Federal Judge Abandons Bench for Boeing

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A federal judge who had been considered a likely nominee to the Supreme Court is quitting the bench to become general counsel Boeing. Judge Michael Luttig, a hero to many conservatives, has resigned from the 4th U.S. Circuit Court of Appeals in Richmond, Va.


A surprise announcement today that bridges both the legal and business communities. J. Michael Luttig, one of the nation's most prominent and conservative judges, is leaving the federal bench. He's going to become senior vice president and general counsel for the Boeing Company.

NPR's Nina Totenberg reports.

NINA TOTENBERG: Passed over twice this year for a seat on the U.S. Supreme Court, Luttig said in an interview today that he had not sought the Boeing job, but when it arose by serendipity, it was an opportunity he could not forego. In his resignation letter to the President, Luttig cited the financial needs posed by two children rapidly approaching college age. He pointed to Boeing as an "icon" with a central role in the nation's defense preparedness.

He said he's loved every moment of being a federal judge and said it was a particular privilege to have served in the aftermath of the 9/11 attacks when the federal appeals court he sits on in Richmond handled many of the critical legal issues stemming from the detention of so-called enemy combatants. In most of those cases, Luttig sided consistently with the Bush administration and its assertion of sweeping powers.

But he was sometimes reversed by the Supreme Court and in December when the administration did a U-turn in the case, apparently to avoid Supreme Court review, Luttig suggested that the administration had jeopardized its own credibility by improperly manipulating the system.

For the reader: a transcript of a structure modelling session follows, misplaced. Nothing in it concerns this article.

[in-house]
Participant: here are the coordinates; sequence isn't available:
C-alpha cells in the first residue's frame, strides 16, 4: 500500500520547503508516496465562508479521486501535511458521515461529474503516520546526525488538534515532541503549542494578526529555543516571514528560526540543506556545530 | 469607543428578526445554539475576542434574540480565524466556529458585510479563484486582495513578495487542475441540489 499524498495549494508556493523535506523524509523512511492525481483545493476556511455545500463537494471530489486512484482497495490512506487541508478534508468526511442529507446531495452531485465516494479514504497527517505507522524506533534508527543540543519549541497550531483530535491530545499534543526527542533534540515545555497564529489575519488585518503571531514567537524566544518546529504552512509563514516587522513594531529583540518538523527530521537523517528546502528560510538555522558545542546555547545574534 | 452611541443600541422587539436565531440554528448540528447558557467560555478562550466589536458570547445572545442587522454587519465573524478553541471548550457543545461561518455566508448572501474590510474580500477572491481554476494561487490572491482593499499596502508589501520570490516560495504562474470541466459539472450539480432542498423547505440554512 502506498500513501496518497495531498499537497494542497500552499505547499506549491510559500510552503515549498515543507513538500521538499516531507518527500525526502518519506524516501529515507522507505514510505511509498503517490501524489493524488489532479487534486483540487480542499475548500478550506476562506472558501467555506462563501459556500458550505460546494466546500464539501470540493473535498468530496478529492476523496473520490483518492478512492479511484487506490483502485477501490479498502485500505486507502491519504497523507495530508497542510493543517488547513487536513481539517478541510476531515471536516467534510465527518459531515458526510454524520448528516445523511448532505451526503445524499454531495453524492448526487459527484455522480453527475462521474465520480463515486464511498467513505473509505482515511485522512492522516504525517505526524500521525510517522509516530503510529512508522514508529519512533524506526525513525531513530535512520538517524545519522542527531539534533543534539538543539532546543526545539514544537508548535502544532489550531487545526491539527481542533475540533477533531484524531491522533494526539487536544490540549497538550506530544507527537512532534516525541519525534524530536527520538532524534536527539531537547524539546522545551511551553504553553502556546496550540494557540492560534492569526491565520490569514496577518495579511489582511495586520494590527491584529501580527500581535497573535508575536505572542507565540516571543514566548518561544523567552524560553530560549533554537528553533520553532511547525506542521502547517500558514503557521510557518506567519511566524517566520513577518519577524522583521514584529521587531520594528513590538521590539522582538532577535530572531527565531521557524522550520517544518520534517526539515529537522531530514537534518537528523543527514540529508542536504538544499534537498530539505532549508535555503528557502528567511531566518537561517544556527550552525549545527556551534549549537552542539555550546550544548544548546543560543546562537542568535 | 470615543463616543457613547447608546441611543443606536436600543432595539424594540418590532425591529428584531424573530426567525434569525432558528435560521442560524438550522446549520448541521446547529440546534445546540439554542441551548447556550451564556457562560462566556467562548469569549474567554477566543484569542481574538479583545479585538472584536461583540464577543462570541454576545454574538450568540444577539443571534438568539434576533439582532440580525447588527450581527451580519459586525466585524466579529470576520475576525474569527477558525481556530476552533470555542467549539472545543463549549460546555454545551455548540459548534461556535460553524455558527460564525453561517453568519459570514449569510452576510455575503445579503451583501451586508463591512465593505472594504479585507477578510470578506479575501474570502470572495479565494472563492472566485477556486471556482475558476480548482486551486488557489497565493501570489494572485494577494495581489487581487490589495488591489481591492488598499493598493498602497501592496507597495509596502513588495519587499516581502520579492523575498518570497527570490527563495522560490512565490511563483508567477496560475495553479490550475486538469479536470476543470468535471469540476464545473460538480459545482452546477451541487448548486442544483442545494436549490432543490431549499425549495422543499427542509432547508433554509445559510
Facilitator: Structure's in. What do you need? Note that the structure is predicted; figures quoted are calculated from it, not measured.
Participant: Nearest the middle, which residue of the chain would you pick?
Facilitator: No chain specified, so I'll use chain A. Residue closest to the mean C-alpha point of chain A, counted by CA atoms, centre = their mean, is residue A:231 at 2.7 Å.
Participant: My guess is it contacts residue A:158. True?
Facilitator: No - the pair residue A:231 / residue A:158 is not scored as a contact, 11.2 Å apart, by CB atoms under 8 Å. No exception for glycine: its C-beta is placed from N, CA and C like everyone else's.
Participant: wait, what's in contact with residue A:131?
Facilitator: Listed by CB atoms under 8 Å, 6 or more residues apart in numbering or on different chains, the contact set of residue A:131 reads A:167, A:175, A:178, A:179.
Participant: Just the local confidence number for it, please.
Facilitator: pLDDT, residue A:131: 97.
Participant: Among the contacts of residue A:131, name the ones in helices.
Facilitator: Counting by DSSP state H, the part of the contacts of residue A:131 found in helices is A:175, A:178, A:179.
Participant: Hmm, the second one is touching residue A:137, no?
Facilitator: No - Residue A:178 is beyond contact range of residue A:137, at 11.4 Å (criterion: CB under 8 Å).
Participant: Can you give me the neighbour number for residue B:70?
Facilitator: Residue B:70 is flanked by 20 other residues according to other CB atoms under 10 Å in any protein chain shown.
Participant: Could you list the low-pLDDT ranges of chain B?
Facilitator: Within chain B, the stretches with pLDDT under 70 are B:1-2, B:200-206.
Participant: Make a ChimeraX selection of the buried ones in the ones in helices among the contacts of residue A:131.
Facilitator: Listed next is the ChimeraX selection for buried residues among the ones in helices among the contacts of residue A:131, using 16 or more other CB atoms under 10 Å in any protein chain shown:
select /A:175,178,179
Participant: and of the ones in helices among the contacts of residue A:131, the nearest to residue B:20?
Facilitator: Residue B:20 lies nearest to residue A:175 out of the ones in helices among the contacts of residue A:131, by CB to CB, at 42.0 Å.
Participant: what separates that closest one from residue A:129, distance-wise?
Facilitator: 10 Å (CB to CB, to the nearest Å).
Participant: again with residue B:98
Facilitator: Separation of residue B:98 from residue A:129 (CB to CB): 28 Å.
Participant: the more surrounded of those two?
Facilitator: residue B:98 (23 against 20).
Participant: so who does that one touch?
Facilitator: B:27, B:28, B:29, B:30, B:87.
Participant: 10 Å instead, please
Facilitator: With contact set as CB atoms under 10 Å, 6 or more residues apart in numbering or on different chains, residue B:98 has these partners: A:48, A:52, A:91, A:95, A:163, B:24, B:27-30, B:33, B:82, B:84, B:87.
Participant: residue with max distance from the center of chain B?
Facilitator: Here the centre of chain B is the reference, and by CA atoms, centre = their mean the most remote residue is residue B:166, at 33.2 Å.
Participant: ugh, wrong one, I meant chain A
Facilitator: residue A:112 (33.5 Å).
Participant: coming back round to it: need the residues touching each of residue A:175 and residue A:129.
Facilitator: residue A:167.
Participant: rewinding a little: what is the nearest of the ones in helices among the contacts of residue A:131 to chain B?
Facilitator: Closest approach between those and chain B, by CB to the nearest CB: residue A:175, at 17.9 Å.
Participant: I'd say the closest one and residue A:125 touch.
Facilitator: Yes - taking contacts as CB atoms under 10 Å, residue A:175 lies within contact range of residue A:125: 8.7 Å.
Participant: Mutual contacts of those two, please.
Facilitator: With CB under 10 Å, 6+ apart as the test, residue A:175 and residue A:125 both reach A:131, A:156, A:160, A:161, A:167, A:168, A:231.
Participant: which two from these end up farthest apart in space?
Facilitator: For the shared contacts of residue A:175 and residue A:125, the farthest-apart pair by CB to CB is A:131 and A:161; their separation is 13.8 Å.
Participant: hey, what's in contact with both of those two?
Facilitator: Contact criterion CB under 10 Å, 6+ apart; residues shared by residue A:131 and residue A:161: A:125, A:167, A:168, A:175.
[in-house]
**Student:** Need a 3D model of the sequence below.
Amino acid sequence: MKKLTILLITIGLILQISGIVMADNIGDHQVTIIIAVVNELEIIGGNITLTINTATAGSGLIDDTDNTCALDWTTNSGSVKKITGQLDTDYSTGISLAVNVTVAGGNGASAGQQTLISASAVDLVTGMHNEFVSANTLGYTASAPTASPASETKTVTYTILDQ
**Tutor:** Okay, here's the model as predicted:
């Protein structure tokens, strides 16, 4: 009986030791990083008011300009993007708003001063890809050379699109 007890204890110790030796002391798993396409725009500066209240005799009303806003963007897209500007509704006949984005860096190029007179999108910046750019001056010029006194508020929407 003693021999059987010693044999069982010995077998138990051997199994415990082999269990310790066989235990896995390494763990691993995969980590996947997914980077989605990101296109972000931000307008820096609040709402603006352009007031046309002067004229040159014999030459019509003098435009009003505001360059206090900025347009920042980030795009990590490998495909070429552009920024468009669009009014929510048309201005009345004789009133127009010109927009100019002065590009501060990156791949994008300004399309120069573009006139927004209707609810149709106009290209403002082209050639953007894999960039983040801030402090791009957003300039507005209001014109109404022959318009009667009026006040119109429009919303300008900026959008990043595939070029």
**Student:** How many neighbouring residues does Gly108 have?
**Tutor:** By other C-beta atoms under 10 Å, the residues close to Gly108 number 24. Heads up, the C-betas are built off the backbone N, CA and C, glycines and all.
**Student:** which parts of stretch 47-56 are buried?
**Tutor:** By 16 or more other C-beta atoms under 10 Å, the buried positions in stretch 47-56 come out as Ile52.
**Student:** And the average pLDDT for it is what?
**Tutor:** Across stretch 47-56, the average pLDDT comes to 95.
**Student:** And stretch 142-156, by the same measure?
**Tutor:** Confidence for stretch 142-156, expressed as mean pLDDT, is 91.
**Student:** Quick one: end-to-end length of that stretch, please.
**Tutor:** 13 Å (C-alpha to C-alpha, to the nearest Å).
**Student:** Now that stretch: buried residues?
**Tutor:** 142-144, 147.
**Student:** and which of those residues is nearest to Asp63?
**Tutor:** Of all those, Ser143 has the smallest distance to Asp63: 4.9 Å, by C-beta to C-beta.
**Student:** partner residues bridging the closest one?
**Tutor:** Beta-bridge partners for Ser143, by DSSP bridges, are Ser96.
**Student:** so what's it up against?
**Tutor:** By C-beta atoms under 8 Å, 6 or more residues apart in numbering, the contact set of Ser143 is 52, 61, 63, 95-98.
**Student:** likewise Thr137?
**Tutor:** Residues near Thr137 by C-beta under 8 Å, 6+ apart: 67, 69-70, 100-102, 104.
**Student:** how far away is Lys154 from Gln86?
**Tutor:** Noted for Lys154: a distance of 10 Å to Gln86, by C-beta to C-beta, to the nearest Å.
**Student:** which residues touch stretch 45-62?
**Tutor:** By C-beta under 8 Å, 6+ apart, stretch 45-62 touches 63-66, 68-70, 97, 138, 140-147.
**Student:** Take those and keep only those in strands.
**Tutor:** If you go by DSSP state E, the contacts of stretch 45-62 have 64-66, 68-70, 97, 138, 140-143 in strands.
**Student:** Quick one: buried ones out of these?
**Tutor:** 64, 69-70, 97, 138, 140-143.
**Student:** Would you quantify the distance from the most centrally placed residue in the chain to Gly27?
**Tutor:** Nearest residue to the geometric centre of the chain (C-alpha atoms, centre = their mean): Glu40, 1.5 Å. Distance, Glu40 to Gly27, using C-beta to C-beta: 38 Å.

For Boeing, which has been plagued by influence peddling scandals involving government contracts, the Luttig hire is a coup that comes on top of an entire new management team. Richard Aboulafia is an aviation industry analyst.

RICHARD ABOULAFIA: He's a legal heavy hitter and of course that sends the signals that they are very serious about oversight and corporate governance and ethics in general.

TOTENBERG: Bucknell University business professor Michael Johnson-Cramer agrees.

MICHAEL JOHNSON: This signals to the contracting committee that Boeing is serious about the business ethics issues that it's confronted that under its new leadership that they're moving ahead and really trying to clean house.

TOTENBERG: But Nobel Prize winner and former Stanford business school dean Michael Spence cautions that landing Luttig is not enough.

MICHAEL SPENCE: I think it will be viewed positively because a person of that stature is not likely to accept an appointment of that type without the authority to really work and accomplish a great deal and what people will watch and want to know is whether this is the beginning of that kind of serious commitment.

TOTENBERG: Luttig was recruited for the Boeing job by the company's lead board member, Kenneth Duberstein, who'd known Luttig when Duberstein served as White House Chief of Staff in the Reagan administration and Luttig served in the Justice Department. Boeing officials were impressed when Luttig insisted on paying his own way for meetings in Chicago, telling the Boeing brass if it didn't work out he didn't want to have accepted anything of value while a federal judge.

For all practical purposes, the 51-year-old Luttig has spent his entire life in public service, first in the Reagan and Bush administrations and then for 15 years as a federal court judge.

A few years ago Luttig jokingly applied for a job with a Washington D.C. law firm after reading that lawyers straight out of law school were making as much as federal judges. John Roberts, then a senior partner in the firm and now Chief Justice, turned him down, informing him tongue in cheek that the position did not include life tenure or the wearing of black robes. For Luttig the robes are off now and his compensation will jump from $171,000 a year to an estimated million plus.

Nina Totenberg, NPR News, Washington.

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